Many atheists, dedicated to doing what is good, are offended by arguments that the atheistic worldview has problems with morality. It is frustrating for an atheist who genuinely loves doing kind actions to be told that, philosophically speaking, their lifestyle doesn’t fit with their worldview. After all, for that person, it does fit together. On the one hand, they don’t believe in an invisible fairy god who magically grants wishes, on the other hand, they love science, reason and the people in their lives. (Please notice how I define atheism).
Therefore, when an argument from moral accountability is made, it can strike some atheists as bizarre. Why is this? First, we need to explain the argument from moral accountability, and then we’ll respond to the perception that this is a “bizarre” argument.
What is the argument from moral accountability?
The argument begins by granting that both atheism and certain trans-cultural moral statements are true. (In other words, for the sake of argument, not bringing up the naturalistic fallacy). So, perhaps moral statements like “love thy neighbor,” “don’t murder,” and “be honest” are the morally right principles in every culture.
Next, the argument from moral accountability asks, “Well, so what? If a person flagrantly violates all of the moral principles, what happens?” The best answer is to say, “society will punish that person and their choices will be reduced by a fine, jail time, or even by capital punishment.”
The important point to notice is that this response leads us to the following rational maxim: do what you want, but don’t get caught. Or, for those with more power and wealth: do what you want, but be ready to defend yourself. Or, in nicer terms: do what makes you happy and that your society says is ok.
The argument focuses on the fact that, in atheism, there is no authority figure, besides other humans, who can secure justice for everyone. Therefore, if you are both powerful and evil, then there are no real consequences for your immoral behavior. In those cases, there is no justice. You can benefit yourself at the expense of others, thereby reaping a higher quality of life for yourself, and at death it is completely over.
This is a necessary implication of atheism: because there is no authority figure powerful and good enough to secure justice for everyone, there is a lack of ultimate moral accountability for those who do evil. If you can get away with it in this life, there are no consequences for harmful actions. By the same token, for those who make sacrifices to do what is good and right, there is no recompense for what they lost in the pursuit of virtue.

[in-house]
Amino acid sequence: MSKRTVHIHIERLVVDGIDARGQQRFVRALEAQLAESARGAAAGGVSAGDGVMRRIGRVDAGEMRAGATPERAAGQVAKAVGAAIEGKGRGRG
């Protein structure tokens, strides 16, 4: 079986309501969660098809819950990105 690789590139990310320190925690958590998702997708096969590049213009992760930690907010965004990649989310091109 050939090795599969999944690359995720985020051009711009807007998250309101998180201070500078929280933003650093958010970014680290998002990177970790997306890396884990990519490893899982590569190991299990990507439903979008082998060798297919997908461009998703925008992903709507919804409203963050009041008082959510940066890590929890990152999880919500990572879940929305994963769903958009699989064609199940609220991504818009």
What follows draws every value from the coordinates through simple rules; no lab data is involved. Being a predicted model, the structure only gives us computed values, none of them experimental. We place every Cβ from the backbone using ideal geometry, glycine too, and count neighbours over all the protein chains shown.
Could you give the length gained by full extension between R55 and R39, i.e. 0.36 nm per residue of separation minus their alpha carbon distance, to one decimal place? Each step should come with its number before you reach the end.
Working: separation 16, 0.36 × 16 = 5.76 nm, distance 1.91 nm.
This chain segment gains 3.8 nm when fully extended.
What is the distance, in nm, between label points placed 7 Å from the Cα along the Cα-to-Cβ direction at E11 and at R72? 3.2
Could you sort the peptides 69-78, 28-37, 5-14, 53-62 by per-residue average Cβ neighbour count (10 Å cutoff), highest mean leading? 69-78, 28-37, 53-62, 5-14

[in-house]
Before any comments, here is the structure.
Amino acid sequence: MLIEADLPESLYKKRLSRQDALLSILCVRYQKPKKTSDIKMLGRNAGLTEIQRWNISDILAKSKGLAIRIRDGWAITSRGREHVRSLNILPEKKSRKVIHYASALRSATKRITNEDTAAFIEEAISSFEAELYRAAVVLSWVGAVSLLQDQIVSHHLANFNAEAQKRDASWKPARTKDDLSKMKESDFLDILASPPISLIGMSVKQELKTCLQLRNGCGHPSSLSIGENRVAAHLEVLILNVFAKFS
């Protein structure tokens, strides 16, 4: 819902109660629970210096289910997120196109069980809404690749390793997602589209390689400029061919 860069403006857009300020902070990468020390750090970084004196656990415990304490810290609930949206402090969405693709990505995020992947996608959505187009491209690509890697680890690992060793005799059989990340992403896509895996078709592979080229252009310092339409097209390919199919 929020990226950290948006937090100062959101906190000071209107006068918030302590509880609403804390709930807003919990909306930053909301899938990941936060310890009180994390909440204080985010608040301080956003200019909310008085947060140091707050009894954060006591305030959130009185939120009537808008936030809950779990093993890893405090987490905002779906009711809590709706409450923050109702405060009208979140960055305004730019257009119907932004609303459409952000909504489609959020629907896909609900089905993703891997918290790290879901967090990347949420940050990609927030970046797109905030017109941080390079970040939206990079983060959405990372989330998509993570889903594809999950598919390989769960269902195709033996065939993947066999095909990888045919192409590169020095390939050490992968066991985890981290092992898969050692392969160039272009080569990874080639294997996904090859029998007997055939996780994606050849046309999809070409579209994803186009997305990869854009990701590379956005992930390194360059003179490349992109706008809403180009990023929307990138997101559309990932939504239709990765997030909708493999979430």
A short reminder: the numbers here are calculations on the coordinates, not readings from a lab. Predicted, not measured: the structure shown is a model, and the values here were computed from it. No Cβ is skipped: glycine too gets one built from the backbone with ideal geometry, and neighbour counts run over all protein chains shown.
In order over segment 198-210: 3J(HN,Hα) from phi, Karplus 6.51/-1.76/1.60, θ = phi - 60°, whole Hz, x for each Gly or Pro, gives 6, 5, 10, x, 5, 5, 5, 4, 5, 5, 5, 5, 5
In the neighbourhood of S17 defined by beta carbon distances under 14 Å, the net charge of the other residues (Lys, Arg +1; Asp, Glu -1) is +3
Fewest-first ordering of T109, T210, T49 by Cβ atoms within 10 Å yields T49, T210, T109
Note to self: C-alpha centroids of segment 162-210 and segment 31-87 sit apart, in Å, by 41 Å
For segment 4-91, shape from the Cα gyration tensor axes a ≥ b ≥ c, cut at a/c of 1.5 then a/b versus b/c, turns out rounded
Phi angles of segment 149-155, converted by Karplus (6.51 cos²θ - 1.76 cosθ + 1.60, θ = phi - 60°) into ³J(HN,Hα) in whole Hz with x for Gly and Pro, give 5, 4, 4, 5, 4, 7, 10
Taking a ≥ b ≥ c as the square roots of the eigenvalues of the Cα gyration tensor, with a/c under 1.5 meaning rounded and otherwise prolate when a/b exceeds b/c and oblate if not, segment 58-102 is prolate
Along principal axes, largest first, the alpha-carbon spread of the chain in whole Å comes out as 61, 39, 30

This is where the “Bizarre!” reply comes in. The primary atheistic response here is to say, “This argument is so weird! What good is it if you’re motivated to do good just so you don’t get punished? That is so childish! You should be inspired to do what is good just because it is good.” I’m happy to agree with anyone who says this. Being motivated by goodness itself is better than being motivated by fear of punishment.
However, life is more complex and challenging than pure idealism allows for. It simply is the case that the more motivations we have to be moral, the better off we are. There very well may be thousands of moments throughout one’s life where the conviction, “I will be accountable for my choices” leads one to make the right choice. But if atheism is true, this conviction is rationally replaced with, “If I can get away with it, it won’t matter.”
In addition, the lack of moral accountability erodes our sense of fairness and our desire for justice. There is no hope that, in the end, everyone will get their due. Instead, a clear-eyed, rational perspective is that, in the end, the powerful will get what they want, and too bad for everyone else.
Ultimately, the lack of moral accountability is a significant practical challenge for atheism. If atheists wish to remain moral and defend the importance of being moral, they have to do so with this hand tied behind their back. In addition, they have to continue believing in doing what is moral even though they know there is no ultimate justice in the universe. They know that whatever sacrifices they make to do the right thing cannot be repaid and also, that whatever gains they make from uncaught immorality are theirs to keep.
In this particular way, atheism is a morally discouraging worldview. Furthermore, it requires atheists to make a leap of faith if they wish to believe that living a moral life really matters in some cosmic sense.
My thanks to William Lane Craig for outlining this approach in his books and public debates.